Several years ago, the Copyright Office briefly considered how to treat the so-called “limited download.” See http://www.copyright.gov/fedreg/2001/66fr64783.html. Music and video retailers, through their respective trade associations, noted that such a concept, if controlled by the copyright owner, would vastly enlarge the cope of the copyright, which has never included the right to perform the work publicly and, thanks to the first sale doctrine, has never included the right to control re-distribution of the copies and phonorecords (the physical media, that is), made through reproduction. After their comments were filed, the record companies and music publishers cut a deal to privately divvy up the rights, and the Copyright Office asked for comment how the deal would affect the rulemaking. The retailers responded, http://www.copyright.gov/carp/dpd/dpd005.pdf, and the issue died away.

It seems strange that Congress would now consider codifying a royalty for an activity that has no basis under copyright law. Copyright owners may license the reproduction of the work and the public performance of the work, but this “limited download” is nothing more than an attempt to gain the efficiencies of a reproduction with the revenue stream of charging for public performances by, in effect, giving copyright owners power to control the length of time or number of times a work may be performed privately. Can you imagine having to pay Hollywood every time you want to re-watch one of the movies in your prized DVD collection? It makes no more sense than allowing book publishers to charge for re-reading an old book.

No country in the world grants copyright owners a right of private performance. Congress would do well to remain with the mainstream.

William Patry said...

John:

The proposed amendment assumes that there is a digital phonorecord delivery, a defined term in existence since 1995.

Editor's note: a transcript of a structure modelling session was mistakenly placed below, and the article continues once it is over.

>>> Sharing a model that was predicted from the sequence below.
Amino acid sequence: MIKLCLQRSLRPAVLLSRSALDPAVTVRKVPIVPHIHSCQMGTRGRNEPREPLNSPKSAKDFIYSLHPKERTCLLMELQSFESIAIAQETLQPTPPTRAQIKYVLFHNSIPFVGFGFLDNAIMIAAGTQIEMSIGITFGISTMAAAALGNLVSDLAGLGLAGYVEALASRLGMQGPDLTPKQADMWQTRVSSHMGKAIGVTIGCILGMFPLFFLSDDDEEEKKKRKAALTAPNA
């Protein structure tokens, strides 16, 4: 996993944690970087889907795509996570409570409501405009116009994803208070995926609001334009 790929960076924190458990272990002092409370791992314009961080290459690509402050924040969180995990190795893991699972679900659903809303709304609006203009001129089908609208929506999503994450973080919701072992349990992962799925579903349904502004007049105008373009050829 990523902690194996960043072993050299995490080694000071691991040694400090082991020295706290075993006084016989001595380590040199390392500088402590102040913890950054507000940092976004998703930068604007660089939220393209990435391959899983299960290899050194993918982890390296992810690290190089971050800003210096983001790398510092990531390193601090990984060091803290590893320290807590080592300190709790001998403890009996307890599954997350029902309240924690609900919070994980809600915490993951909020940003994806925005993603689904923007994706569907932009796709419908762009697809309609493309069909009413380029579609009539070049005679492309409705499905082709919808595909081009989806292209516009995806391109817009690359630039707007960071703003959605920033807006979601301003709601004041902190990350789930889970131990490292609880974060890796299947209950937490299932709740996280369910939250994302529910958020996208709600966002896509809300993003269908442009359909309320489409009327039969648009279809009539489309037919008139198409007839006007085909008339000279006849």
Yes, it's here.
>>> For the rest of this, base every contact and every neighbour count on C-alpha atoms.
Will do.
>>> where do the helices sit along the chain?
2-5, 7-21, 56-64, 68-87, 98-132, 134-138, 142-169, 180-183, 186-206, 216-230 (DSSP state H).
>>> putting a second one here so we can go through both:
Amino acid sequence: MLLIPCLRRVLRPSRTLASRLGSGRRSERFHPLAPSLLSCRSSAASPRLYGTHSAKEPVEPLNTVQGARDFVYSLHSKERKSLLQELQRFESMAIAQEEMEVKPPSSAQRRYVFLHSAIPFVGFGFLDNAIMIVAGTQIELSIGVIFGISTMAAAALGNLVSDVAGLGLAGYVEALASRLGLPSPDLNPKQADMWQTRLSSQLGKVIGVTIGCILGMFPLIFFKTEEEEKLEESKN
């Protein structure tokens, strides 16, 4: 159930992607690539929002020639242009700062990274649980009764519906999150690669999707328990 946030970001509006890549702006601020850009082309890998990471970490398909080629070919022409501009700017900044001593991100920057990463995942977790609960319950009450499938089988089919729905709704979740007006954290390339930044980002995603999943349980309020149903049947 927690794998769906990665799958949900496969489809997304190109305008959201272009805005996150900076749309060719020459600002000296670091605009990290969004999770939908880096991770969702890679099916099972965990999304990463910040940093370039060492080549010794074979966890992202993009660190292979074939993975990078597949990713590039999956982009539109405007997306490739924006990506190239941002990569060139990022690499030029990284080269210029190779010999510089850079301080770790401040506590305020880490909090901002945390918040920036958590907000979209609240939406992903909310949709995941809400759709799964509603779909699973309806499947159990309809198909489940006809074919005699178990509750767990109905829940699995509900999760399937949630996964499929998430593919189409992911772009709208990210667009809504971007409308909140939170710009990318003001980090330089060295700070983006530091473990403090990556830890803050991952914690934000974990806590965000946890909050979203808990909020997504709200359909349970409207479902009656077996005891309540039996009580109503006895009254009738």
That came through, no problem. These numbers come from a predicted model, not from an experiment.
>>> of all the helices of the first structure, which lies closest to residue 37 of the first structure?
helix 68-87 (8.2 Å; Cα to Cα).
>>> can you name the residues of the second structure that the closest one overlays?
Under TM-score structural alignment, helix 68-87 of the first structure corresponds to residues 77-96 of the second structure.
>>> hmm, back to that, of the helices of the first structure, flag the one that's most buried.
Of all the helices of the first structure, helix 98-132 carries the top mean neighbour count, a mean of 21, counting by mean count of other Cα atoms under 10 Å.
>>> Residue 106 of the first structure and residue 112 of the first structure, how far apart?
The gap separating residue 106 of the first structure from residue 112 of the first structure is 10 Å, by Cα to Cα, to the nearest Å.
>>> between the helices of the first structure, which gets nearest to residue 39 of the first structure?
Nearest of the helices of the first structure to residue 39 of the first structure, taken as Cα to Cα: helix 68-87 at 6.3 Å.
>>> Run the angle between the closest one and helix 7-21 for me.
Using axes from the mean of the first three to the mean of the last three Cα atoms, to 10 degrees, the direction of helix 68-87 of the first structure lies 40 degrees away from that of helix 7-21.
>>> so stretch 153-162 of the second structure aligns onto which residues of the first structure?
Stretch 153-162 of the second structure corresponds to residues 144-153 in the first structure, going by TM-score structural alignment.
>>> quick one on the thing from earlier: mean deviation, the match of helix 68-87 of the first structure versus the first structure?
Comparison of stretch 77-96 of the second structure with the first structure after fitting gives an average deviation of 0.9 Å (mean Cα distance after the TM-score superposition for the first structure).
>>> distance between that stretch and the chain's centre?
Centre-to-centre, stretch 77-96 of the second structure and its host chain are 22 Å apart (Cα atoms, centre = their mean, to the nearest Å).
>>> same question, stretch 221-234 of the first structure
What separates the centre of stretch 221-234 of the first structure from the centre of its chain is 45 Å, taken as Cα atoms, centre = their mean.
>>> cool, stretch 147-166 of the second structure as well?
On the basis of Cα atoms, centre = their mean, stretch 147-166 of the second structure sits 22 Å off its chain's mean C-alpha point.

Keith said...
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Keith said...
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Keith said...

Hello,

"The proposed amendment assumes that there is a digital phonorecord delivery, a defined term in existence since 1995."

Defined, sure, but do you think it's well-defined? As far as I can tell, the current definition of DPD is a mess. Does an on-demand RealAudio stream result in a DPD? How about a non-on-demand RealAudio Stream? Section 115(d) suggests that Congress intended a distinction between the on-demand and non-on-demand cases, since "A digital phonorecord delivery
does not result from a real-time, non-interactive subscription transmission of a sound recording where no reproduction of the sound recording or the musical work embodied therein is made from the inception of the transmission through to its receipt by the transmission recipient in order to make the sound recording audible."

But literally read, that exception is almost a nullity, since one sentence earlier we learn that a DPD only results when there is "a specifically identifiable reproduction" in the first place! It's very difficult to imagine an activity that could produce a "specifically identifiable reproduction" and yet qualify for an exemption that requires that "no reproduction of the sound recording or the musical work embodied therein is made...."

So while, on its face, the subsection appears to suggest that Congress wanted the on-demand RealAudio stream to result in a DPD and the non-on-demand RealAudio
stream not to, what we are really left to argue about is whether the RealAudio streaming activity implicated the reproduction right ("Was there a 'specifically identifiable reproduction'?") in the first place -- the DPD definition is of no help.

Nimmer seems to agree with this analysis:

More confusing than clarifying, by contrast, is the statutory reference (quoted above) to a ''real-time, non-interactive subscription transmission.'' The qualified nature of that reference leads naturally to the question: How should one treat either an interactive or a non-subscription transmission in real time, even in a context in which no reproduction is made? The negative pregnant from the statute is that either usage would constitute a digital phonorecord delivery, and hence be subject to regulation by the Act, notwithstanding no reproduction having been made. But that inference contradicts the general statutory definition of a digital phonorecord delivery to be that which ''results in a specifically identifiable reproduction,'' as quoted above. The resulting juxtaposition seems to bear out Murphy's law that, by striving too hard to make everything perfectly clear, one inevitably injects ambiguity into the mix.

Nimmer on Copyright sec. 8.23[A][2] (rev. 66?) (footnote omitted).

Moving Blankets said...

Thanks for the info on the player pianos- I'd never actually heard about that before.